A bang, like in JBang! That’s right, JBang is the new kid on the block in the Java command line tool space. Initially taking advantage of JEP-330 that enhances the Java launcher to support single source files, JBang builds on top of that idea and adds dependency resolution, JShell integration, launch executable JARs, launch scripts from trusted URLs, and a few other goodies. In other words, JBang is not constrained by JEP-330 (which requires Java 11) as it also let’s you run scripts with Java 8. Taking a hint from Gradle and Maven, JBang also adds a wrapper to help Read More
Gum 0.4.0 latest tricks
Gum 0.4.0 is out and it comes with a few goodies! If you’re like me you may see yourself switching between Maven and Gradle projects, a lot. This constant switching makes it very likely that I’ll mess up the command invocation and send Maven goals to a Gradle project, or send Gradle tasks to a Maven project. This results in a wasted JVM iteration as the command fails. But what if there was a way to make it work given certain mappings? What if Maven’s compile goal could be translated into Gradle’s classes or viceversa? What if these mappings were Read More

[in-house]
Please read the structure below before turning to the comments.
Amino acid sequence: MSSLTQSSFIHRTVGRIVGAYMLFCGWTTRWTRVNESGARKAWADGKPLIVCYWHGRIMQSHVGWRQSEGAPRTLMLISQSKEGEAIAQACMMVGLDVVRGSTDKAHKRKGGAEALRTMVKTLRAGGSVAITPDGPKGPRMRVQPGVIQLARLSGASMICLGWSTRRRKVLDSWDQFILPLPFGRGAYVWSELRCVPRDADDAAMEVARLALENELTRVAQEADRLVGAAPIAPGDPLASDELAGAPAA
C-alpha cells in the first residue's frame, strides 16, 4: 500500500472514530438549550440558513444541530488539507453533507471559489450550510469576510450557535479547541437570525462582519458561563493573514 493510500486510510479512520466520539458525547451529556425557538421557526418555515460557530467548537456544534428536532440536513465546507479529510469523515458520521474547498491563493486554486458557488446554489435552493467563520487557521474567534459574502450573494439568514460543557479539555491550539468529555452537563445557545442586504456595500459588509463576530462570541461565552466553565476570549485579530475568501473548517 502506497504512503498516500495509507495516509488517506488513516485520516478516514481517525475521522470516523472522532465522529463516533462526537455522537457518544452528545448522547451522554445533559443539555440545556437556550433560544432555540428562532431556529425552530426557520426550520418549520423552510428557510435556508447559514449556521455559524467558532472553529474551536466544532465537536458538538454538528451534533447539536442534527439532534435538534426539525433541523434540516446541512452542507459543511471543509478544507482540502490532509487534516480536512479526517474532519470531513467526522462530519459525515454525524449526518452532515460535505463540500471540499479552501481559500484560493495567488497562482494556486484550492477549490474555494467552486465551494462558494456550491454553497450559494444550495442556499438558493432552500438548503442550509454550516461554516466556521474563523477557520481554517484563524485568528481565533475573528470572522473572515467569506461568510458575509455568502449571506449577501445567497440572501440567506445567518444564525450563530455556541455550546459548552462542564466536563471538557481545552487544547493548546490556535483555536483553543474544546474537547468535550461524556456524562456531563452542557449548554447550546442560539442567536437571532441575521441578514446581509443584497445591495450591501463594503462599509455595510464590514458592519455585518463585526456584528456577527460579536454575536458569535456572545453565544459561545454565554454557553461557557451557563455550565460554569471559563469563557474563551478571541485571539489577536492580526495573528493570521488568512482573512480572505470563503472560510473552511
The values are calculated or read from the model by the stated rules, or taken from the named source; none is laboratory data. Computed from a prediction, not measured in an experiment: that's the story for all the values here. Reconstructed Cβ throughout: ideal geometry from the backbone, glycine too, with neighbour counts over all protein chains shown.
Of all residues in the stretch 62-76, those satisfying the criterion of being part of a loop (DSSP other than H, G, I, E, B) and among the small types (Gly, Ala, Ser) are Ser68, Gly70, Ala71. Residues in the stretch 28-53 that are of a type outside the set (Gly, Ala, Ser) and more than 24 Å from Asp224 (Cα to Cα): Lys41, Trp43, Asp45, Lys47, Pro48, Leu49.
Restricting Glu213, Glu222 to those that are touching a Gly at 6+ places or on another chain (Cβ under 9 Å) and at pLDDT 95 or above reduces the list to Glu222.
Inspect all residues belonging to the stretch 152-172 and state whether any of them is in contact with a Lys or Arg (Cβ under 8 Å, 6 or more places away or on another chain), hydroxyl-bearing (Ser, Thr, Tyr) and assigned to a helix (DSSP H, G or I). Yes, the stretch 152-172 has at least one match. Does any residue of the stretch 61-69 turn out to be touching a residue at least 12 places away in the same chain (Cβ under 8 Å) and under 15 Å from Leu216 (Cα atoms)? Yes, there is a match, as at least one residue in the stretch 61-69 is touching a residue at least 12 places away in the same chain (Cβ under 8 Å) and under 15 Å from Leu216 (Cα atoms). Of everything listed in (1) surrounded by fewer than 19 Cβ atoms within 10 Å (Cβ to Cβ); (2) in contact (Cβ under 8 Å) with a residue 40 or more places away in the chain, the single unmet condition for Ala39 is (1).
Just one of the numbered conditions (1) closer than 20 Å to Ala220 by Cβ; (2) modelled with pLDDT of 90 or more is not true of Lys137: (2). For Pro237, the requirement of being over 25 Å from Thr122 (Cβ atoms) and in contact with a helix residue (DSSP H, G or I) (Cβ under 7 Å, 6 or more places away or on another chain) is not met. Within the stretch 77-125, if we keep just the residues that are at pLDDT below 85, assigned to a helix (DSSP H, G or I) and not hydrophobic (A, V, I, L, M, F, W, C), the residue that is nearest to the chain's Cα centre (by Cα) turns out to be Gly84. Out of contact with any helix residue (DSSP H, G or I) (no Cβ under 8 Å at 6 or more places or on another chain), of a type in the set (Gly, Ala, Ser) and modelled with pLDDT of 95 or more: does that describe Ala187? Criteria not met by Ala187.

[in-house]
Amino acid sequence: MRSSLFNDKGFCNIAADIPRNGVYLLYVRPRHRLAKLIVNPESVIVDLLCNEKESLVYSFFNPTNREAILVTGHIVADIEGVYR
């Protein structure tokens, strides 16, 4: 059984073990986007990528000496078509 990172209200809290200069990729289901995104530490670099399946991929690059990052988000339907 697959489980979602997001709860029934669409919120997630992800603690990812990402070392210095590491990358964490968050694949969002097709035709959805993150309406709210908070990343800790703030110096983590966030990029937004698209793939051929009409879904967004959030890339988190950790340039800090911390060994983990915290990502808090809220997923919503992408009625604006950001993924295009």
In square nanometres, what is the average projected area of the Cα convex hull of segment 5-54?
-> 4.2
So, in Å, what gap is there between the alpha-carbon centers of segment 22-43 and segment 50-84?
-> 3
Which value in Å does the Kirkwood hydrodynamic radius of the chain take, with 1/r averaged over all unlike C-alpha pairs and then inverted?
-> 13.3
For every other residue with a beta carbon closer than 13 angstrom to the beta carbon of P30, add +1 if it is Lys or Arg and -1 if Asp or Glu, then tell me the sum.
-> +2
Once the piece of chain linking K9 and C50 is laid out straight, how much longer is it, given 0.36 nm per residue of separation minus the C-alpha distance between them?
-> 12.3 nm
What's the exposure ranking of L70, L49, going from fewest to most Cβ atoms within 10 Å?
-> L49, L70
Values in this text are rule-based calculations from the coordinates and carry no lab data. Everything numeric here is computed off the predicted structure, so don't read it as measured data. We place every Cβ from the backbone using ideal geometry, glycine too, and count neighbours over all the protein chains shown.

Declarative Gradle builds, is it possible?
I’ve been thinking about 100% declarative Gradle builds for quite some time now. As of June 2020 Gradle offers not one but two different DSLs based on programming languages (Groovy and Kotlin) for defining the steps that the build should take to do its thing. For years developers were used to adding whatever code was “necessary” to make the build turn its gears, regardless of the consequences. In recent times the push has been to move those pieces of code into plugins, simplifying the build files themselves, and also promising less actual code in the build files. Yet, one can Read More
Why do the Gradle/Maven wrappers matter?
Indeed, why do these tool exist and why should I use them? After all installing Gradle or Maven is a simple task. Just download a ZIP file, configure an environment variable and voilà! Or use a package manager such as SdkMan! Well to understand these questions we must travel back in time, to a moment when Gradle was just getting started and Maven 3 was just a few months of being released. Gradle’s inception happened sometime in late 2007. In comparison Maven was at 2.0.7 or 2.0.8 (see history of Maven release notes). Everyone knew Maven at that time but Read More